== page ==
Spinoptronics with polaritonic devices: Spin multistability in dissipative polariton wires
Cavity polaritons are composite particles arising from strong coupling between the photonic mode of microcavity and the exciton transition in a semiconductor quantum well. Extremely low effective masses due to their hybrid half-light-half-matter nature with strong polariton-polariton interactions make the system an ideal candidate for the observation of the variety of quantum collective phenomena at surprisingly high temperatures. Bose-Einstein condensation, superfluidity, the Josephson effect, and topological excitations are among these phenomena which are confirmed experimentally. Also, peculiar spin structure of polaritons opens a way for the creation of optical analogs of spintronic components (so called spinoptronic devices). With respect to optics, spinoptronics has the advantage of being able to use particle-particle interactions occurring in nanostructures and resulting in strong nonlinearities. With respect to spintronics, it has the advantage of strongly reducing spin relaxation, and decoherence, which severely limits the functionality of semiconductor-based spintronic devices.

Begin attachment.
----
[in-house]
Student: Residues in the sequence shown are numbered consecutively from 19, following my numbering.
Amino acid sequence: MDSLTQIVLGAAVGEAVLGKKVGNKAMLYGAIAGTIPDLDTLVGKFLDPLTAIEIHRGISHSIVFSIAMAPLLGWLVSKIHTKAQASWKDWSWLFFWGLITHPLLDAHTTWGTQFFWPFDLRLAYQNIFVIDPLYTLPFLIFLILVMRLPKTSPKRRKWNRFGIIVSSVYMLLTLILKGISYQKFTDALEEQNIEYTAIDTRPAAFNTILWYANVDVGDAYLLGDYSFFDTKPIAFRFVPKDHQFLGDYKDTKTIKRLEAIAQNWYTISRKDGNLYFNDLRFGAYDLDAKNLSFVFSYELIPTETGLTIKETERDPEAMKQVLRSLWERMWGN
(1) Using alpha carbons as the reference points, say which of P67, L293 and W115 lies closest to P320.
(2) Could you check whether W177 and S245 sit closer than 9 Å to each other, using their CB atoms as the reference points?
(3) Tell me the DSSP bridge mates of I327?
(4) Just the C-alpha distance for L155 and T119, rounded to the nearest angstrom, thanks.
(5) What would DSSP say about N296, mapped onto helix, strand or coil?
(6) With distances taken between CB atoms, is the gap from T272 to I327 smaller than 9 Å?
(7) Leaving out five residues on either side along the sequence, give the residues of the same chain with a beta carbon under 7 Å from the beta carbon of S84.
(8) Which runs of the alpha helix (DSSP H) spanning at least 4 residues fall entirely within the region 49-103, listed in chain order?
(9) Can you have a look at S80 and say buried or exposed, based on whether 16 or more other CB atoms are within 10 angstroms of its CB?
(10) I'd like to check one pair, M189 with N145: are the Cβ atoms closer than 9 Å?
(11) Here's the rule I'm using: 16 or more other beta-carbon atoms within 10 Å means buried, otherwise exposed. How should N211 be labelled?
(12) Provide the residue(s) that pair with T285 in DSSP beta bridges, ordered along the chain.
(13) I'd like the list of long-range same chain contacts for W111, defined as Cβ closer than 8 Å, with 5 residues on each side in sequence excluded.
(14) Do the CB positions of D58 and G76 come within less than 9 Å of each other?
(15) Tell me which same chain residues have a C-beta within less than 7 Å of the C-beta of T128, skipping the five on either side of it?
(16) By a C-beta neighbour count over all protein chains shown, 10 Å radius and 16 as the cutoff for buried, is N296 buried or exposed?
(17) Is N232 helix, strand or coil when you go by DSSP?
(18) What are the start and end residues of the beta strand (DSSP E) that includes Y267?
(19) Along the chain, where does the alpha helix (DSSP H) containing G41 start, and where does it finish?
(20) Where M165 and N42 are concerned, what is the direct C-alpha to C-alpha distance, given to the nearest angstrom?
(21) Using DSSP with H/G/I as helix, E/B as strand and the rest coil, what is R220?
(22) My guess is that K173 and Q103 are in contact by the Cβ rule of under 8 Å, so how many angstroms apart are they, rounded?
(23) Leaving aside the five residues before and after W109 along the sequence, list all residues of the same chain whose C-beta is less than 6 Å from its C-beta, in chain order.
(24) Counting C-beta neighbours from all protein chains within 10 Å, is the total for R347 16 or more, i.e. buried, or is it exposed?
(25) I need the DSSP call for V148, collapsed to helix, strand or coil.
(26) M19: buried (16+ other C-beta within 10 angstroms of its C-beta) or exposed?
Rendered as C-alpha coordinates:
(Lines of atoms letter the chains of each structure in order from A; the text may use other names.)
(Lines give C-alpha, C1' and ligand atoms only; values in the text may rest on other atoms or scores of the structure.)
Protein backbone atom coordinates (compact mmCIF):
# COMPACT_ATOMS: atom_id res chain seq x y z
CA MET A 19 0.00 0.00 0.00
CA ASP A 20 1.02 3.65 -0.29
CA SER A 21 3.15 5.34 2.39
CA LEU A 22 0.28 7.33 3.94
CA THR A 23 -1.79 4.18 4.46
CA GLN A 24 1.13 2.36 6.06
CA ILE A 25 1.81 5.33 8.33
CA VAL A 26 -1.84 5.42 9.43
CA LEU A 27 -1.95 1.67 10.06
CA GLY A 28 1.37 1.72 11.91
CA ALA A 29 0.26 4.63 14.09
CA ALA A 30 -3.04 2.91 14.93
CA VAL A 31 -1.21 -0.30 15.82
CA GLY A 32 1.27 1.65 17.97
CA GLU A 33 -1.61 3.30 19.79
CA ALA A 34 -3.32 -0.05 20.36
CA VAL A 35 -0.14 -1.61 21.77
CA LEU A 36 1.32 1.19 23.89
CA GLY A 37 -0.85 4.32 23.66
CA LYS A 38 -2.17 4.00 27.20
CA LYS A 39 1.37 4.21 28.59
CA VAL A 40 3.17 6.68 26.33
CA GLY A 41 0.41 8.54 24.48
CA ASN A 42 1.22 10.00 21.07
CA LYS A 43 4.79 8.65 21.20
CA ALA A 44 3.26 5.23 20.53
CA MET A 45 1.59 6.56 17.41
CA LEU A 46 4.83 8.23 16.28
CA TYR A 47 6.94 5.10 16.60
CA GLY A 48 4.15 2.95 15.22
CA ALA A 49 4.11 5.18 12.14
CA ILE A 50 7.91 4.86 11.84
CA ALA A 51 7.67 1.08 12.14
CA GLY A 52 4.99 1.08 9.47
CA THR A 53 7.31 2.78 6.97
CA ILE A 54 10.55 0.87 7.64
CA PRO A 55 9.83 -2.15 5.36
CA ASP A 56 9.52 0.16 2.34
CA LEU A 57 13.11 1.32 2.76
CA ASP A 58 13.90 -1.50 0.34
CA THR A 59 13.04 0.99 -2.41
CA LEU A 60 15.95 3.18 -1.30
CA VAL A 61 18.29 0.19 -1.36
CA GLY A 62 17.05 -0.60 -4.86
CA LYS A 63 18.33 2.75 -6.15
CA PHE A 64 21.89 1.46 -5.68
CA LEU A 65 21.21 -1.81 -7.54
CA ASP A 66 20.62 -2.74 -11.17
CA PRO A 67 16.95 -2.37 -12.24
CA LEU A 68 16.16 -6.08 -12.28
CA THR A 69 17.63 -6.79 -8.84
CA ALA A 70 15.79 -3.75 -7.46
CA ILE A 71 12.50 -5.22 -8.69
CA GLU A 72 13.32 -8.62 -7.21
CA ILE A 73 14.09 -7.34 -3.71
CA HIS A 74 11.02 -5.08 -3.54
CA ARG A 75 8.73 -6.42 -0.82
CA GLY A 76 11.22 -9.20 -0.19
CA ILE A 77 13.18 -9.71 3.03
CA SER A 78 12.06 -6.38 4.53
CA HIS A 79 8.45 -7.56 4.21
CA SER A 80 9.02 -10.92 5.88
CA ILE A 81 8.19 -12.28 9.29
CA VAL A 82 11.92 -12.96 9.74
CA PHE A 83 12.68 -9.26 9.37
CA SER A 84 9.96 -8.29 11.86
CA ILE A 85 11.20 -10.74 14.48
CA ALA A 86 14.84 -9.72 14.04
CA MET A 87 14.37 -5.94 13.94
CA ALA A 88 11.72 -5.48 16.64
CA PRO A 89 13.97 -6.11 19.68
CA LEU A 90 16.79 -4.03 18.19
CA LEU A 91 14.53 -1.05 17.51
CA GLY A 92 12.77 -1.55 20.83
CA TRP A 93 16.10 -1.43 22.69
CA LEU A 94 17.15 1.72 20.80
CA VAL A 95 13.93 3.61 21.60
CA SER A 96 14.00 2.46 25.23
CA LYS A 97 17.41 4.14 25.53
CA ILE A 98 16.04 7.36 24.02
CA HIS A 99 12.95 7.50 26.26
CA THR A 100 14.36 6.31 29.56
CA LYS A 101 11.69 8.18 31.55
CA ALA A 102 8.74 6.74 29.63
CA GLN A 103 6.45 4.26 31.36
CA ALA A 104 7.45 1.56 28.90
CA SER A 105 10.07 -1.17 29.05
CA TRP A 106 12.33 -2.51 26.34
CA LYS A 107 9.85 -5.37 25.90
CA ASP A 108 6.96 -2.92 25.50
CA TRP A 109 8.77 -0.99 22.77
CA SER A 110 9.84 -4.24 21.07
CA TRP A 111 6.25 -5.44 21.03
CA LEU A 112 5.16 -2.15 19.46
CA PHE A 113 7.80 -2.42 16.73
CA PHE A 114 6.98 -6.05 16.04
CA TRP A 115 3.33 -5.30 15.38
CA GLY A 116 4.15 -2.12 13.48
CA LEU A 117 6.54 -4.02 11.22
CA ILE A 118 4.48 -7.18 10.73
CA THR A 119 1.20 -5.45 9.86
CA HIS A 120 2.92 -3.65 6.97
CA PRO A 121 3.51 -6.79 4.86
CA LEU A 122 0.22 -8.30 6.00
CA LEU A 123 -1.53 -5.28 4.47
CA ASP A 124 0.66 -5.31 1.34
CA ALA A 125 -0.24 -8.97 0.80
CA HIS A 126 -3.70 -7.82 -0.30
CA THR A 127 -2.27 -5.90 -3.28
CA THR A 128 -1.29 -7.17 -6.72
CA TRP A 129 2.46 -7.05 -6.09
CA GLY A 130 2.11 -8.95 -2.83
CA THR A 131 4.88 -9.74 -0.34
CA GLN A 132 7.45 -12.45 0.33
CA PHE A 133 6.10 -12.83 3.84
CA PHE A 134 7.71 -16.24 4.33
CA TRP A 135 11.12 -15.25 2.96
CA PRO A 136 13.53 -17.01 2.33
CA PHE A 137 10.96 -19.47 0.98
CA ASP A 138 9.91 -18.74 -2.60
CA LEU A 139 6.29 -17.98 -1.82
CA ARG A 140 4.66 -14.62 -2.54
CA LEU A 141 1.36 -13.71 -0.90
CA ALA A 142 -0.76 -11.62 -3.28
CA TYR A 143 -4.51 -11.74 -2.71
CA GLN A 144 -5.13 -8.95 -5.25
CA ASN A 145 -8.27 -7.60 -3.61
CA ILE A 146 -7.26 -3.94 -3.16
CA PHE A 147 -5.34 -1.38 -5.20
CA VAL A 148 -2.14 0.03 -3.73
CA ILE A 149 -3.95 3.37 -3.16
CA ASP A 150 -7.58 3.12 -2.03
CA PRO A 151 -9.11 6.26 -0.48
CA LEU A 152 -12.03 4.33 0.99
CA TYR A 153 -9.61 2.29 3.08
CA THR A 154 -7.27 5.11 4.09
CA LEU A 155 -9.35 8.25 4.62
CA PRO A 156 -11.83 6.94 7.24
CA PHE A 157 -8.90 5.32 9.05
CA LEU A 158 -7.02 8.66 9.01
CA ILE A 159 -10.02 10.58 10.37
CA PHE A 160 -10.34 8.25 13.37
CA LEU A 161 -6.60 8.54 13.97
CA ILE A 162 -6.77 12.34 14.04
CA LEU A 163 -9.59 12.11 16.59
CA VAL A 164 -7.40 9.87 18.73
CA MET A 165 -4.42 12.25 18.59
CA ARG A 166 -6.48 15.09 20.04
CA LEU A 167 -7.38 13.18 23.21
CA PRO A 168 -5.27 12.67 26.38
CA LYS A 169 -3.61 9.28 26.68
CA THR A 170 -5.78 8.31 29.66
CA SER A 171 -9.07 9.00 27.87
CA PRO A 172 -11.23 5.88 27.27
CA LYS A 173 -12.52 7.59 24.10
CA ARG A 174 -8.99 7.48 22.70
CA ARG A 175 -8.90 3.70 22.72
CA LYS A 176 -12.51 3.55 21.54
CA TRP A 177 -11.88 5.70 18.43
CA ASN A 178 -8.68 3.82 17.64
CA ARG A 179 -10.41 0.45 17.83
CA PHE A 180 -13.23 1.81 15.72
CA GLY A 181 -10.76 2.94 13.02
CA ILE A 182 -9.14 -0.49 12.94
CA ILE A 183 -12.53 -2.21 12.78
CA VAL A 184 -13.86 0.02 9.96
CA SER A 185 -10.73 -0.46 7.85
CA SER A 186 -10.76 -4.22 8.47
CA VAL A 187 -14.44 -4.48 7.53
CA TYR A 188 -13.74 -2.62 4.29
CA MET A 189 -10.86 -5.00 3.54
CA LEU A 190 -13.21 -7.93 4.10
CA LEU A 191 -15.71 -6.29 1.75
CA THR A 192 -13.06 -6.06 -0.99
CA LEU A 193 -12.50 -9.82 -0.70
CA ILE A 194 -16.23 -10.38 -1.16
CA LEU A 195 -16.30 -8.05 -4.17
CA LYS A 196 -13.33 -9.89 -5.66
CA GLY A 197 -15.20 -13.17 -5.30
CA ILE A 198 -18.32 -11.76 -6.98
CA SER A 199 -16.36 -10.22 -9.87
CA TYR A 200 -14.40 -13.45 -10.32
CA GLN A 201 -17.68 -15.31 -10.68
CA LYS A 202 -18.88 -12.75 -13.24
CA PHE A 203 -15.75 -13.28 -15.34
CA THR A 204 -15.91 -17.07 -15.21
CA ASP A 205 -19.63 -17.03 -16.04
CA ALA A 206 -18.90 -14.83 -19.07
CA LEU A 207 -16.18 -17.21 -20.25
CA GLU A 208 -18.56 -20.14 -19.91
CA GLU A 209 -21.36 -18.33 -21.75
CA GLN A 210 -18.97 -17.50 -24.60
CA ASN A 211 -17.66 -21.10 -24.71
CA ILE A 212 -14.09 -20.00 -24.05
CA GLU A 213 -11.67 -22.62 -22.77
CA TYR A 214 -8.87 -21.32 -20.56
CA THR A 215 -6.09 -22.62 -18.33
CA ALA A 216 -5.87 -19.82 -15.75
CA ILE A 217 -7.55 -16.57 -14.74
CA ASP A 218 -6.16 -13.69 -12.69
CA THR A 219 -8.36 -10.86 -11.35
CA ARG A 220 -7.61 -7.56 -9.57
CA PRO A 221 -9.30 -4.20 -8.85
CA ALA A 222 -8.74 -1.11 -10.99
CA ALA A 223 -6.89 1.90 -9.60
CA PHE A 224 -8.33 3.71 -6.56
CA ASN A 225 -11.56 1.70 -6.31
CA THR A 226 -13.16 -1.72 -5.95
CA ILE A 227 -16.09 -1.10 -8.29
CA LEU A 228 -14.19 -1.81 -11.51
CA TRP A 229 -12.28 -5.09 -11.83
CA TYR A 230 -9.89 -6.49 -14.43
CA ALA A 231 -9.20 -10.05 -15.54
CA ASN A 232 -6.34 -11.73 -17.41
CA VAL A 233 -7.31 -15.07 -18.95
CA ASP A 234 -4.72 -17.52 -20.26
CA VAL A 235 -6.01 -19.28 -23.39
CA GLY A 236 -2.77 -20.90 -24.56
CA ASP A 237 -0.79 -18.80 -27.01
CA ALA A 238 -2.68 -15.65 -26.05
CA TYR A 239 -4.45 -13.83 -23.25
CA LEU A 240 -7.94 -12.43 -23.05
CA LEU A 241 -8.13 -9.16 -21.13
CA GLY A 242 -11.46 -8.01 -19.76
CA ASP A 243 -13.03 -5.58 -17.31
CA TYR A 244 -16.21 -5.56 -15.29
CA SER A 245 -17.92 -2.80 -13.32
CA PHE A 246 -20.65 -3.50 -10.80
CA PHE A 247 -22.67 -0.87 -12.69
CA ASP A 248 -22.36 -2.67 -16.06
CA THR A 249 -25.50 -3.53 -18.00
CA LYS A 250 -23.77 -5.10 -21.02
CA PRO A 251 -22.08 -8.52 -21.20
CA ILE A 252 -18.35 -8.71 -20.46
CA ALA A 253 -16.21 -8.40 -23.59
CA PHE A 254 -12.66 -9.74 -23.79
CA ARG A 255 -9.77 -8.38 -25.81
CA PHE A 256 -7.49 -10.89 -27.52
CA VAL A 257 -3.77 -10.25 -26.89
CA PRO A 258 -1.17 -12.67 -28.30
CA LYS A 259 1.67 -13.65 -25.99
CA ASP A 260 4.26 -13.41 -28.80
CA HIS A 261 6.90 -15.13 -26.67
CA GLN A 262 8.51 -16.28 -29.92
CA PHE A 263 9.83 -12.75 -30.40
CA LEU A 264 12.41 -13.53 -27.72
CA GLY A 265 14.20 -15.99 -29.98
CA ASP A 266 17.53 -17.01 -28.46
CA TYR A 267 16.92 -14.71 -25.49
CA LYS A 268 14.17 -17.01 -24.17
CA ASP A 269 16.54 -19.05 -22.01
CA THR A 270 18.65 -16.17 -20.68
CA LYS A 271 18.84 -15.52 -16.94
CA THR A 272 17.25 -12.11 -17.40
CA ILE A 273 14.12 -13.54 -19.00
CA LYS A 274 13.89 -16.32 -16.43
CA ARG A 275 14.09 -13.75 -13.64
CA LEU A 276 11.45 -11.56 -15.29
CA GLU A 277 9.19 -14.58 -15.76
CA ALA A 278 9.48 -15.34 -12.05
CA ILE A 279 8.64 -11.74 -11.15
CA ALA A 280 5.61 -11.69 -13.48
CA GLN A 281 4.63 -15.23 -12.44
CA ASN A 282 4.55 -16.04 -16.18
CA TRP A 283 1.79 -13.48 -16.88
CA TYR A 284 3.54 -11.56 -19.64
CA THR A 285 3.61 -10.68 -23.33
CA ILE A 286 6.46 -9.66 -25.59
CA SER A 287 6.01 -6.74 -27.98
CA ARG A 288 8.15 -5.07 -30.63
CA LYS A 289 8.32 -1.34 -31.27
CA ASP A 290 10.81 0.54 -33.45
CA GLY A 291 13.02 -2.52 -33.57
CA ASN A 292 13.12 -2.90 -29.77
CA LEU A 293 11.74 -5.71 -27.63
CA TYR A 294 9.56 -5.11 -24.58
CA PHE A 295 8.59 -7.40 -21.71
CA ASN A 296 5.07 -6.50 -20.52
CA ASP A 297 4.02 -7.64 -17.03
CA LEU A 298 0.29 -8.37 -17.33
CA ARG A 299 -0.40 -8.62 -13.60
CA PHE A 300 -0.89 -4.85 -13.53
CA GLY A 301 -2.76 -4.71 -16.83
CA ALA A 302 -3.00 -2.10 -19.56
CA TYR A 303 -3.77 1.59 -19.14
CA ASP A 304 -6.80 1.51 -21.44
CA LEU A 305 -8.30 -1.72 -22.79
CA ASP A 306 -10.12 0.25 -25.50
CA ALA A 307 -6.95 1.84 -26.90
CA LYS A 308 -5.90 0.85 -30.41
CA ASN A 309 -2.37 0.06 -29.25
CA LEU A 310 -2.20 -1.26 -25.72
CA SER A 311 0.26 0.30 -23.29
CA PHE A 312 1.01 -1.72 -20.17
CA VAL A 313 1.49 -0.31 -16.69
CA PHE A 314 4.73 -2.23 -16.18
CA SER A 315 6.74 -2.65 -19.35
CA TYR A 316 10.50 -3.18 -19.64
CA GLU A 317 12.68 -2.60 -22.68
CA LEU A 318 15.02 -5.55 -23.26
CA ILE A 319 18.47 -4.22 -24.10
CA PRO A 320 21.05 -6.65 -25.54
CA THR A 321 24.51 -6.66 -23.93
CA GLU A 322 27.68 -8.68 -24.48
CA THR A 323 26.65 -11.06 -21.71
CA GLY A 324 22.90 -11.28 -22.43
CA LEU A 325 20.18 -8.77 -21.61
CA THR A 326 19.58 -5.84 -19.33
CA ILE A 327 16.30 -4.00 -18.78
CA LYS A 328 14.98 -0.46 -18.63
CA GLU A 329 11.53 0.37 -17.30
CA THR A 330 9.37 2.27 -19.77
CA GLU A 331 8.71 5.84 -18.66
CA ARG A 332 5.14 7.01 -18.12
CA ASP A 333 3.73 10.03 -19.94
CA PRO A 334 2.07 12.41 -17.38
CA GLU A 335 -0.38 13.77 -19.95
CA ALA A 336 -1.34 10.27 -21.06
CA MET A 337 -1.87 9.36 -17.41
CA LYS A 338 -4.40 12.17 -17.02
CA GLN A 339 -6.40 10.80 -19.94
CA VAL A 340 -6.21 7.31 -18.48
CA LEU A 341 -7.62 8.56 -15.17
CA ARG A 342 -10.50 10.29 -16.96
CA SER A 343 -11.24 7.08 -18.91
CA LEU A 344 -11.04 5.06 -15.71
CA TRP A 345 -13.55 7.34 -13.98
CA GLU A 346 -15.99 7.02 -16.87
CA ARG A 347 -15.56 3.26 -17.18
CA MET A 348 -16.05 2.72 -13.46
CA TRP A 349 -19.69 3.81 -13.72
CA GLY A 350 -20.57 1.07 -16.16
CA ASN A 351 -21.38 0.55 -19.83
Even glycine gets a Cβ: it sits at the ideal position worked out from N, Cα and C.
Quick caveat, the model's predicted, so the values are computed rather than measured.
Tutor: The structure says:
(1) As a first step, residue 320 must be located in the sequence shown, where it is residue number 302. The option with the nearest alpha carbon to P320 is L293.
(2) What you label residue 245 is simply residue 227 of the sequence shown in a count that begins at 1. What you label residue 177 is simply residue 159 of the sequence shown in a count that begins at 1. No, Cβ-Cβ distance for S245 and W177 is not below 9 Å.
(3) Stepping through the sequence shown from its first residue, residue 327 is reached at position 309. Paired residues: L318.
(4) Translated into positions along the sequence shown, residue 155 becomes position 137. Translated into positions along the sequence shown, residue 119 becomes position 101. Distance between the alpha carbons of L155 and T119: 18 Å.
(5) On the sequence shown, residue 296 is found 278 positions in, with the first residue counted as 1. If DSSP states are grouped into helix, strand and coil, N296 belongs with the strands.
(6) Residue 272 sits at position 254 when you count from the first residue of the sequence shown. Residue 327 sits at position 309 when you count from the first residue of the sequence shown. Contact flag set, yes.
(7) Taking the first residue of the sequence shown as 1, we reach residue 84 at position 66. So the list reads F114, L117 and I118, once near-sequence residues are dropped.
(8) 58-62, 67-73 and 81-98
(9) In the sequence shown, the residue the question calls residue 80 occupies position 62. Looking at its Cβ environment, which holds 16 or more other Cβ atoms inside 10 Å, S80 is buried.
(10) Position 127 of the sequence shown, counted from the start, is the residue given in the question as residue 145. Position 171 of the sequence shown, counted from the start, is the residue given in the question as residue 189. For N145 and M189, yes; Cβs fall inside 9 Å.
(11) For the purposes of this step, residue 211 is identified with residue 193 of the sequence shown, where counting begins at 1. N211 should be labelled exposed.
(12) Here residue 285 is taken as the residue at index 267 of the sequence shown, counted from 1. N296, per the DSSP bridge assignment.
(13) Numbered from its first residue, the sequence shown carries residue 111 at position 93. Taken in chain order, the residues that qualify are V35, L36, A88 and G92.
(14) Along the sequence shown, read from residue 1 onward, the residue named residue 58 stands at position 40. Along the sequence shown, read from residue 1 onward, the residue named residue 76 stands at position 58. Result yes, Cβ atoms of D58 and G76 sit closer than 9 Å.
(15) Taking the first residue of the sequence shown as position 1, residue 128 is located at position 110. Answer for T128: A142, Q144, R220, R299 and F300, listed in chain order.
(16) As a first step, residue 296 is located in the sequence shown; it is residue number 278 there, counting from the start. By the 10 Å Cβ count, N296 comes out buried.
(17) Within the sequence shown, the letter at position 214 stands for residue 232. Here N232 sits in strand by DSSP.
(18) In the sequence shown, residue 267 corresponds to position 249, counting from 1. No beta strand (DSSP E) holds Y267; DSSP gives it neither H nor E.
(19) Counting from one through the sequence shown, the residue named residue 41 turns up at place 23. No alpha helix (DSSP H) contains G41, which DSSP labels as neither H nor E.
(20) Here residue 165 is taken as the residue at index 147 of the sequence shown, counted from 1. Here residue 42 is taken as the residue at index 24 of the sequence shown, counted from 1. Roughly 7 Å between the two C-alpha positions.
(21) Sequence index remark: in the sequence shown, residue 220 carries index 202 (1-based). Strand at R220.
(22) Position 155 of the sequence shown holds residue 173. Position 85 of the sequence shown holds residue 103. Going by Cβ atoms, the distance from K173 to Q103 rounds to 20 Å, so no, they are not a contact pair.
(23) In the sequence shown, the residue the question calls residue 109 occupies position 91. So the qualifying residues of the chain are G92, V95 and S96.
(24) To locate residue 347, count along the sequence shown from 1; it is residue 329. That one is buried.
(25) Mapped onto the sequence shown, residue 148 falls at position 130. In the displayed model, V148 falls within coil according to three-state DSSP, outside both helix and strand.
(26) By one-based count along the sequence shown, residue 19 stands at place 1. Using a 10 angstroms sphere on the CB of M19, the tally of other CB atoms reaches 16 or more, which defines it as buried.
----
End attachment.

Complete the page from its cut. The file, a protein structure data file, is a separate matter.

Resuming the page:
In this talk, a special emphasis will be given to a multistability effect which can be used as a base for memory elements and logic gates. Theoretical model will be presented for the description of the dynamics of a system of spinor cavity polaritons in real space and time, accounting for all relevant types of the interactions and effective magnetic fields. This general formalism will be applied for the consideration of the polarization dynamics of the coherently driven, one-dimensional polariton channel. The effect of the temperature, the longitudinal-transverse splitting, and the phase of the driving laser pump on the spin multistability will be investigated. It will be shown that the multistability behavior can survive up to high temperatures in the presence of longitudinal-transverse splitting.